I usually spend about an hour or two a week reviewing old pieces. I never know when a performance opportunity for something random will come up, so I try and have a lot of rep ready to go.
There's a jazz pianist on Youtube called Aimee Nolte who talks about memorising and learning music. In one particular video, she says something along the lines of (referring to a song she had to learn many, many years ago) "if I'd just pulled out my book and played the song from there, I would have forgotten it like all the others. But because I took the time to learn it by ear and figure it out myself, it sticks with me to this day".
In any case we don't "read" the score so much as glance at it as a reminder, and the hours of practice do the rest. Like glancing at a road map on the passenger seat of one's car while driving.
During the YouTube video of the lunch Hilary Hahn has with Brett and Eddy of TwoSet, she says that she has trouble memorizing repertoire for the following year's performances while she is performing this season's repertoire. She doesn't elaborate on what she means exactly, though.
Aside from practicing a piece many times, practicing slowly, practicing away from the music, listening to the piece many times, etc does anyone have any other specific techniques for memorization that seem to really make a piece stick?
What about understanding the form very intellectually? so that the chunks which you need to remember are smaller and more manageable, but connected to each other by a larger structure that you can keep in your mind?
Look up "The Four Memories Cedarvillemusic" on YouTube. Explains how memorizing music is done most effectively.
No discussion concerning memorizing and recalling repertoire can be complete without this video and its comments:
I have never had any memory for music I have played - I have always played with the music on a stand in front of me. All I have memorized are the beginnings of the few things I worked on hard and for a long time. In fact that faulty memory is why I switched from chemistry to physics after getting my bachelors degree.
I once took a memory course which basically teaches you how to tie everything into something else familiar, so that if you meet a person who's name is fishinato you might tie that into the image of a fish or an event in your life that might have involved fish.Or similarly making connections based on things happening in succession, for instance if you practice music you always practice it in a certain sequence so that you begin to remember what comes next.
Trevor - I believe something similar happened when a violinist was due to play Mozart 4 with orchestra, but they tried to pull a prank on him by playing the Mendelssohn, but it backfired when he switched gears and went along with it. I think they just ended up playing the entire Mendelssohn, not sure whether they still played the Mozart.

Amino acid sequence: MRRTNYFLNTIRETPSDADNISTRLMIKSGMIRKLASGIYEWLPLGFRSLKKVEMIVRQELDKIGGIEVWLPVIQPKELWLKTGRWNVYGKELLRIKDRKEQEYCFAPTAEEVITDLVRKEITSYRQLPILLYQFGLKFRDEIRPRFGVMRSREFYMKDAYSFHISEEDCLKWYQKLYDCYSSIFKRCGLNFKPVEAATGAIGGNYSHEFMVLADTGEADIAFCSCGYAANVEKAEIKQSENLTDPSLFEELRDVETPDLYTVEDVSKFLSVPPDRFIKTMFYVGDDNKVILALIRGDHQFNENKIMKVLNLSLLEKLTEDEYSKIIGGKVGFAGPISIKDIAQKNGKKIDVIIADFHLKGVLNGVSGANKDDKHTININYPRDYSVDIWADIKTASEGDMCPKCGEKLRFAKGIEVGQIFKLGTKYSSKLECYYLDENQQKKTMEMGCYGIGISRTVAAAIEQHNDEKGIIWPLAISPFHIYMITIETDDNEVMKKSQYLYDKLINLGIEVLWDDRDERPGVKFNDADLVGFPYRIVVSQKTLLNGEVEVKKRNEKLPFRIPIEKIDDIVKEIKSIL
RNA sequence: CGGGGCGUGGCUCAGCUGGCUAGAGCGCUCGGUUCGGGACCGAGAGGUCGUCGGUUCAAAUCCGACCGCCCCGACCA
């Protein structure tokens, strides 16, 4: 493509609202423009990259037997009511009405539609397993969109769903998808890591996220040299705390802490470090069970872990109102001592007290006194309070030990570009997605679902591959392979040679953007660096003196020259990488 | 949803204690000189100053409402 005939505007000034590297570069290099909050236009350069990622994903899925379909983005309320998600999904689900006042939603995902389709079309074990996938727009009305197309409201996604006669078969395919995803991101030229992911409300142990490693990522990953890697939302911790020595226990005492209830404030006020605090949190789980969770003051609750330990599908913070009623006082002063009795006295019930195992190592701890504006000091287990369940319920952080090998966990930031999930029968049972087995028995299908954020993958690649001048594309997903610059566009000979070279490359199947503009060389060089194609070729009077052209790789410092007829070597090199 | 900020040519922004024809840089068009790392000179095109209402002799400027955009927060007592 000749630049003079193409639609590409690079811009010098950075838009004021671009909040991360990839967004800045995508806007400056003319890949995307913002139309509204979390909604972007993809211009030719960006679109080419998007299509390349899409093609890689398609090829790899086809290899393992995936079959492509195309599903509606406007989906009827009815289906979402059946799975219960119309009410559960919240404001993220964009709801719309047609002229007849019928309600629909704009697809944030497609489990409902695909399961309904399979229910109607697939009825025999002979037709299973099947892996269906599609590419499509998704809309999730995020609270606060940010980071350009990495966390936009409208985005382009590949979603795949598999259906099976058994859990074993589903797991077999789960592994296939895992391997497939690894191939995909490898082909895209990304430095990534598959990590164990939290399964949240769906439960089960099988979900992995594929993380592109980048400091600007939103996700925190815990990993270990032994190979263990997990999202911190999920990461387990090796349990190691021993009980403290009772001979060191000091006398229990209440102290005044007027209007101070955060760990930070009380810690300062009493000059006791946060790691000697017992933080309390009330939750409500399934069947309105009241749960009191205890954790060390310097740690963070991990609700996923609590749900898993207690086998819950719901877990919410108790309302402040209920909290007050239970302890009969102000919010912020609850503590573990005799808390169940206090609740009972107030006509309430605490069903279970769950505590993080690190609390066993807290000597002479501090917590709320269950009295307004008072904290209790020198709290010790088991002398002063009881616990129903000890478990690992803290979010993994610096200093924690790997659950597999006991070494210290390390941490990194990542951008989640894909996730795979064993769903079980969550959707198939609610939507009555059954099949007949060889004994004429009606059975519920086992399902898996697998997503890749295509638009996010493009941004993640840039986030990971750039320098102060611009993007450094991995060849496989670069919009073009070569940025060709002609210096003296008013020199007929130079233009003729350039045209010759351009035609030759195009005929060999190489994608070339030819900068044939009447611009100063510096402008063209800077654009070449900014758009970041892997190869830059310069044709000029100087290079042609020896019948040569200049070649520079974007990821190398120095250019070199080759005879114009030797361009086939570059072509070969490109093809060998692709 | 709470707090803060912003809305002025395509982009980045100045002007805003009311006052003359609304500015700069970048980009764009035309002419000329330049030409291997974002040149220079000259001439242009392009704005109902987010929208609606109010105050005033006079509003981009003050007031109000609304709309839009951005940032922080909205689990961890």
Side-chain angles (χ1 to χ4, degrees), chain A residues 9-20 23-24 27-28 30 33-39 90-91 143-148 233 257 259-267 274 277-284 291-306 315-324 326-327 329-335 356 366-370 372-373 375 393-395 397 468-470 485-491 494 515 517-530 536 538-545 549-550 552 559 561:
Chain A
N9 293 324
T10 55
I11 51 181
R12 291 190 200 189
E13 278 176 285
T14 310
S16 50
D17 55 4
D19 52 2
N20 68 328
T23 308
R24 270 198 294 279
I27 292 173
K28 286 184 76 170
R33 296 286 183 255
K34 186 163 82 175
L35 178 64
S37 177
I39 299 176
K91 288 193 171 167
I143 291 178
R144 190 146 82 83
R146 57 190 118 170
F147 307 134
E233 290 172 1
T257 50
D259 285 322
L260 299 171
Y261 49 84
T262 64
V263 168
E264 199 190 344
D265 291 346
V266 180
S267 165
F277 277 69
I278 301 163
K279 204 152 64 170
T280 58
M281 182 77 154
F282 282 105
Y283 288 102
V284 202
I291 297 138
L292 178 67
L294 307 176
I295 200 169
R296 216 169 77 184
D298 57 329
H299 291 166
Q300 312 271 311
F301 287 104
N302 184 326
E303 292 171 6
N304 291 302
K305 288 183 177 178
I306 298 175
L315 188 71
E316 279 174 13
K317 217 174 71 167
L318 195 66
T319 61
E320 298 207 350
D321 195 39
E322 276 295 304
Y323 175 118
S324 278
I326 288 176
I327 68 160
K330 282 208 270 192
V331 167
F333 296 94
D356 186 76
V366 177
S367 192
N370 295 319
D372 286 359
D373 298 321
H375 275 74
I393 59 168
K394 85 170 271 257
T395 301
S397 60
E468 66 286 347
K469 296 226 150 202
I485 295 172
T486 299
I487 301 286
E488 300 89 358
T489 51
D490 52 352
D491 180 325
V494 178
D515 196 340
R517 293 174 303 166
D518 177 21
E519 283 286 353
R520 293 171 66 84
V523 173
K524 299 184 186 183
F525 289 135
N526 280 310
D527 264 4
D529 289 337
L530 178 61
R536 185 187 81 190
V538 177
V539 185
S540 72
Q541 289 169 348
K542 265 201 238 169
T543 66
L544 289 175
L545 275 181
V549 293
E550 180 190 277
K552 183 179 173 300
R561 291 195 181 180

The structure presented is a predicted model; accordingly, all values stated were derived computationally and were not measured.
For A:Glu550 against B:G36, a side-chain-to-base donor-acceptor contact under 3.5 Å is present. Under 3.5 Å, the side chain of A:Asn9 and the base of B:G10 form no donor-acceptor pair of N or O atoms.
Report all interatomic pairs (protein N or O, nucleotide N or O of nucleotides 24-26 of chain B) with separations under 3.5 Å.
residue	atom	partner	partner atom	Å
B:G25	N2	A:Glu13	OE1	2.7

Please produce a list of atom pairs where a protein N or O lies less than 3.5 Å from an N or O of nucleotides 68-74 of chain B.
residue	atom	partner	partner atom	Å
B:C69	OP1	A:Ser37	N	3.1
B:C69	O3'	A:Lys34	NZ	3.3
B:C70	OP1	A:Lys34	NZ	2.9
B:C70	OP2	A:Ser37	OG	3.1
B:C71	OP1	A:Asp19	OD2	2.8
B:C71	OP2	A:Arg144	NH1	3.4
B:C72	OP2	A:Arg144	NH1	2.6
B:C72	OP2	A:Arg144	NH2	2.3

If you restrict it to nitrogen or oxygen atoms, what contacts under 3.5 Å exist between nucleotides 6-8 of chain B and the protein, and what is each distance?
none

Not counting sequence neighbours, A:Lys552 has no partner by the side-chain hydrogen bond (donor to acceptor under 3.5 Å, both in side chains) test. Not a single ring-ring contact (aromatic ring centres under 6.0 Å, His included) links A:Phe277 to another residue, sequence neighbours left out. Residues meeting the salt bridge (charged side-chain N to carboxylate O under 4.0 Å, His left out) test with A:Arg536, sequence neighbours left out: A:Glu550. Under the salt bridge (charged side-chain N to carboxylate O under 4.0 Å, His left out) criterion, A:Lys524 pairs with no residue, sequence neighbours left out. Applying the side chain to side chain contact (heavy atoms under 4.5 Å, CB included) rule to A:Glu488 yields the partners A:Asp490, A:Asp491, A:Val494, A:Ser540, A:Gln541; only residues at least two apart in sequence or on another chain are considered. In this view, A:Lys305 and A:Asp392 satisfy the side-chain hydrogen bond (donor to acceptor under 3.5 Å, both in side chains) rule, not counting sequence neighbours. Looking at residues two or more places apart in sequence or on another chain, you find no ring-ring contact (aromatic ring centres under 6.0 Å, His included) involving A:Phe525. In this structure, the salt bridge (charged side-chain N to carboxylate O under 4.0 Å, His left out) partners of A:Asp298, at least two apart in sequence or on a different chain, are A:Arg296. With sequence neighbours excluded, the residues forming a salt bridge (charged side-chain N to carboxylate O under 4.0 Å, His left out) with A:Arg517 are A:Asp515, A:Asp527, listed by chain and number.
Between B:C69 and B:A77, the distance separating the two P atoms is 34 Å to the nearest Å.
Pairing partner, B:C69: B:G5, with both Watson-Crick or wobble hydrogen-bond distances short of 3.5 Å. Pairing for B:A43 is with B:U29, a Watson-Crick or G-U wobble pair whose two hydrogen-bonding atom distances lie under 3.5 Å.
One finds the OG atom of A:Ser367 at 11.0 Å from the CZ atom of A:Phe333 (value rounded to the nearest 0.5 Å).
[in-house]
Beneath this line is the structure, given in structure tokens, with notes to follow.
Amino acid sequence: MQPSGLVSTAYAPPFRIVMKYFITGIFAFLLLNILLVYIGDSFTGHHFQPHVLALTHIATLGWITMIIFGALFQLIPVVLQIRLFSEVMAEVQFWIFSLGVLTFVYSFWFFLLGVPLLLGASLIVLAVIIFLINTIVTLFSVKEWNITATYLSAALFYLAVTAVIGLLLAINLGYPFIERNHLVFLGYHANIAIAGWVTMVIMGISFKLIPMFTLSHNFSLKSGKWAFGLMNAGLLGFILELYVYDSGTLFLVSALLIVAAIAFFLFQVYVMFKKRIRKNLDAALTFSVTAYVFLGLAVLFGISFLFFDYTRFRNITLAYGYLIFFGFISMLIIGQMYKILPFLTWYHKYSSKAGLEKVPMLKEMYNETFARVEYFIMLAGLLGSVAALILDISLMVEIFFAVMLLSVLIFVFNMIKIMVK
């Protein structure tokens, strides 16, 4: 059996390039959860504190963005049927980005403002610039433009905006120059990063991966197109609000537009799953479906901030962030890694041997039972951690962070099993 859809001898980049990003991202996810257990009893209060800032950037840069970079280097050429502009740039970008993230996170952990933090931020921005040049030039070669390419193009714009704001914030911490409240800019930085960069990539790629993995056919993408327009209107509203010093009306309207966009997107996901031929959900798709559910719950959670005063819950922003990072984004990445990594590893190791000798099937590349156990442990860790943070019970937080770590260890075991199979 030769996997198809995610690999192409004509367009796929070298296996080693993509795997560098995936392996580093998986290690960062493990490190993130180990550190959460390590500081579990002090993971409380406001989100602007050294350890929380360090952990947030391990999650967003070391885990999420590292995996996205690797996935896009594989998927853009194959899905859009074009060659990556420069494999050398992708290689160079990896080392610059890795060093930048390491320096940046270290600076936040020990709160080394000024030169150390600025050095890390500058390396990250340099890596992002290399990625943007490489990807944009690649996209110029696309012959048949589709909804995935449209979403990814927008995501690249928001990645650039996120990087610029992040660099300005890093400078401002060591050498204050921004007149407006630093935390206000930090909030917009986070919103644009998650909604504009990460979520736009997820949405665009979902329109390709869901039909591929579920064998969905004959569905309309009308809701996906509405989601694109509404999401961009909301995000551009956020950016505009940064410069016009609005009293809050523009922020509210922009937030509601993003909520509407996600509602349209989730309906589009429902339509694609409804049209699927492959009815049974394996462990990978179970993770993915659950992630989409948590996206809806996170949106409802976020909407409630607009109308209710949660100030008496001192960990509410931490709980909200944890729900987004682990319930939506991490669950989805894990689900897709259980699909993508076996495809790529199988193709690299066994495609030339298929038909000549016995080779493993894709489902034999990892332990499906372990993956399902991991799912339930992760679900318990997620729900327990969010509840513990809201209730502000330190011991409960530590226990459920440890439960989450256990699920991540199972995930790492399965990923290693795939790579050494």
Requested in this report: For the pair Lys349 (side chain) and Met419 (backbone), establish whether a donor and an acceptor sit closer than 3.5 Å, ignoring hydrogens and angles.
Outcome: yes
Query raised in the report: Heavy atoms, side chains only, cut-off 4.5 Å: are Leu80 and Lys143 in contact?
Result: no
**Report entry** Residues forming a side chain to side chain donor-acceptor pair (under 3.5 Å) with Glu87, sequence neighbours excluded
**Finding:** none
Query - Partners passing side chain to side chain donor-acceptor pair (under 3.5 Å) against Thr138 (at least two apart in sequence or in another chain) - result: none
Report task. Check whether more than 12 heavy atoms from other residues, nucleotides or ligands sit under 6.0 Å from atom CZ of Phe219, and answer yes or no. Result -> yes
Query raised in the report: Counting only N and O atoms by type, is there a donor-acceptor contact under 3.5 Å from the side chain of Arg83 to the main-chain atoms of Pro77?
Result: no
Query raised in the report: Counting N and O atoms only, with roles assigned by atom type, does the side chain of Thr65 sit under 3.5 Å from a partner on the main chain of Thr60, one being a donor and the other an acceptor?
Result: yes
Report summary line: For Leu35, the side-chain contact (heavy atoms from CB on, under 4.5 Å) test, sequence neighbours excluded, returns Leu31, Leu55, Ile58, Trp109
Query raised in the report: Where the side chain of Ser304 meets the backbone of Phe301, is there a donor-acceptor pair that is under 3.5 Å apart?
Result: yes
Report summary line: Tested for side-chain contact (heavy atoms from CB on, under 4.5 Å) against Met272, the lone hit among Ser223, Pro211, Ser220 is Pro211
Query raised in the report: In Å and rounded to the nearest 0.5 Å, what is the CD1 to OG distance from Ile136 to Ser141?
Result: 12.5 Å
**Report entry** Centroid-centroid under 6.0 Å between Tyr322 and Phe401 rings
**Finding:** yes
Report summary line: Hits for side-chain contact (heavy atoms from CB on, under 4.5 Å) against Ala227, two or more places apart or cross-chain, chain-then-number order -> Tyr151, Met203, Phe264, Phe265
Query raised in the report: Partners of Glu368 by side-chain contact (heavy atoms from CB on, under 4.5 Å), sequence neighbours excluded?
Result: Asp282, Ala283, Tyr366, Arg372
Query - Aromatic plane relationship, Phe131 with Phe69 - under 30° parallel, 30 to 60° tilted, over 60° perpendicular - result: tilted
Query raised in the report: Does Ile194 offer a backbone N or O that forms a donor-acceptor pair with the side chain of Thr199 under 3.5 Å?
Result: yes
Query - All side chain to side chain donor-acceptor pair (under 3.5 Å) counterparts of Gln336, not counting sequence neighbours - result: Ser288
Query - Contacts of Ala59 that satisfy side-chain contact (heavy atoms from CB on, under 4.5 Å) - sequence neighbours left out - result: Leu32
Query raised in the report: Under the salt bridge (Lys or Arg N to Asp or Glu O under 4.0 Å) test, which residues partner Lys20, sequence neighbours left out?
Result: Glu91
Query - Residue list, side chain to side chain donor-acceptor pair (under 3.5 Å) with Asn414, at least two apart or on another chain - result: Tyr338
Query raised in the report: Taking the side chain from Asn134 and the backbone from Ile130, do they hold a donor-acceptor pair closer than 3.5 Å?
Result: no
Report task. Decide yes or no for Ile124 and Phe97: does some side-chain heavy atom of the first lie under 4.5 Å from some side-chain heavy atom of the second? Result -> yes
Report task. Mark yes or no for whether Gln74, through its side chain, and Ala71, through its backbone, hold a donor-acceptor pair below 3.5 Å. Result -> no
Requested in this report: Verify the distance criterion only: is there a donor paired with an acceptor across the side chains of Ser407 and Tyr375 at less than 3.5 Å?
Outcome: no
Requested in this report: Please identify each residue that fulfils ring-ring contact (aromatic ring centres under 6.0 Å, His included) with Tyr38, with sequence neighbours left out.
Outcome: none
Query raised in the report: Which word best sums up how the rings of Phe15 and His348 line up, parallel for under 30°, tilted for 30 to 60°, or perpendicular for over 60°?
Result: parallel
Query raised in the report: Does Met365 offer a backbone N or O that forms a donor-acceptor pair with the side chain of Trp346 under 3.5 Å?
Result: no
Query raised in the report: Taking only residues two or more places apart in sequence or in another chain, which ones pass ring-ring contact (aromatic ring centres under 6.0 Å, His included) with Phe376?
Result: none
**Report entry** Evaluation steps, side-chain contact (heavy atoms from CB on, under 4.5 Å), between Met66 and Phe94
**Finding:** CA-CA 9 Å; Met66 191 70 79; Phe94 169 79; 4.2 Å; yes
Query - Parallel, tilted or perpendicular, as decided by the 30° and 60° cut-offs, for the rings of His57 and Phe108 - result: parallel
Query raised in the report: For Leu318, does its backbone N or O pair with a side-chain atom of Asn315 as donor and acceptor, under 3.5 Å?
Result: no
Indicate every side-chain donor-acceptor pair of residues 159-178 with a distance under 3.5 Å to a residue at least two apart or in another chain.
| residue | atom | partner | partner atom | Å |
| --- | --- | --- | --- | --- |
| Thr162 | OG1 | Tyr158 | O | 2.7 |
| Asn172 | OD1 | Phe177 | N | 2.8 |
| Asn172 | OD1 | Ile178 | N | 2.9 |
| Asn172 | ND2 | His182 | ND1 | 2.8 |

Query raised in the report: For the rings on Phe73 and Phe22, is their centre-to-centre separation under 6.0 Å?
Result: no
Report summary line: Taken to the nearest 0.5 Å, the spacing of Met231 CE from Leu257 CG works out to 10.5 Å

He was set to play the Prokofiev, and tbe conductor started the Mendelssohn. When the soloist entered without a hitch, they stoppd pretty much immediatly.
Memory is an area where I've done a lot of research and personal experiments.
Oops. Looks like I had a memory lapse of my own.
Maria Lammi: what you said really resonates with me. I find I am often ‘composing’ all the time in my head, and will sometimes ‘re-compose’ a piece of music in my mind, and then it just sounds ‘wrong’ the way it is actually written. For example, when I was studying the Bach G minor sonata, there were a few places in the fugue where I kept playing the wrong harmony at a cadence and then modulating the next section into a different key!! It just sounded more ‘correct’ that way to me! The way it was actually written just sounded weird. I also remember playing the first movement of Tchaikovsky for my teacher when I was 16. She stopped me at some point amd said gently, “my dear, you have modulated into a different key than what Mr. Tchaikovsky wrote. However, you did it without missing a beat, which was quite amusing.”
I mean, you really only need to have something memorized when you are performing it from memory. I wouldn't worry too much. The people that can keep a bunch of full concertos memorized at any given moment are probably pretty rare, and I'm sure that most top performers make sure to bring concertos back when they perform them for the first time in a while.
Let's see now, what were we talking about?
I gave up on my memory. I always play with the music in front of me except for Paganini, which I rarely play anymore.
Hey, being able to modulate is an excellent skill - very useful, and unfortunately not enough people are able to transpose on the spot.
I do improvise quite a bit! Used to have a steady Saturday night gig at a nightclub in Tribeca performing with a jazz band. Funny thing is, I never felt nervous performing jazz solos, but I always feel incredibly nervous performing classical music such as Bach, Paganini, Tchaikovsky, etc. I suppose it’s a whole different mindset.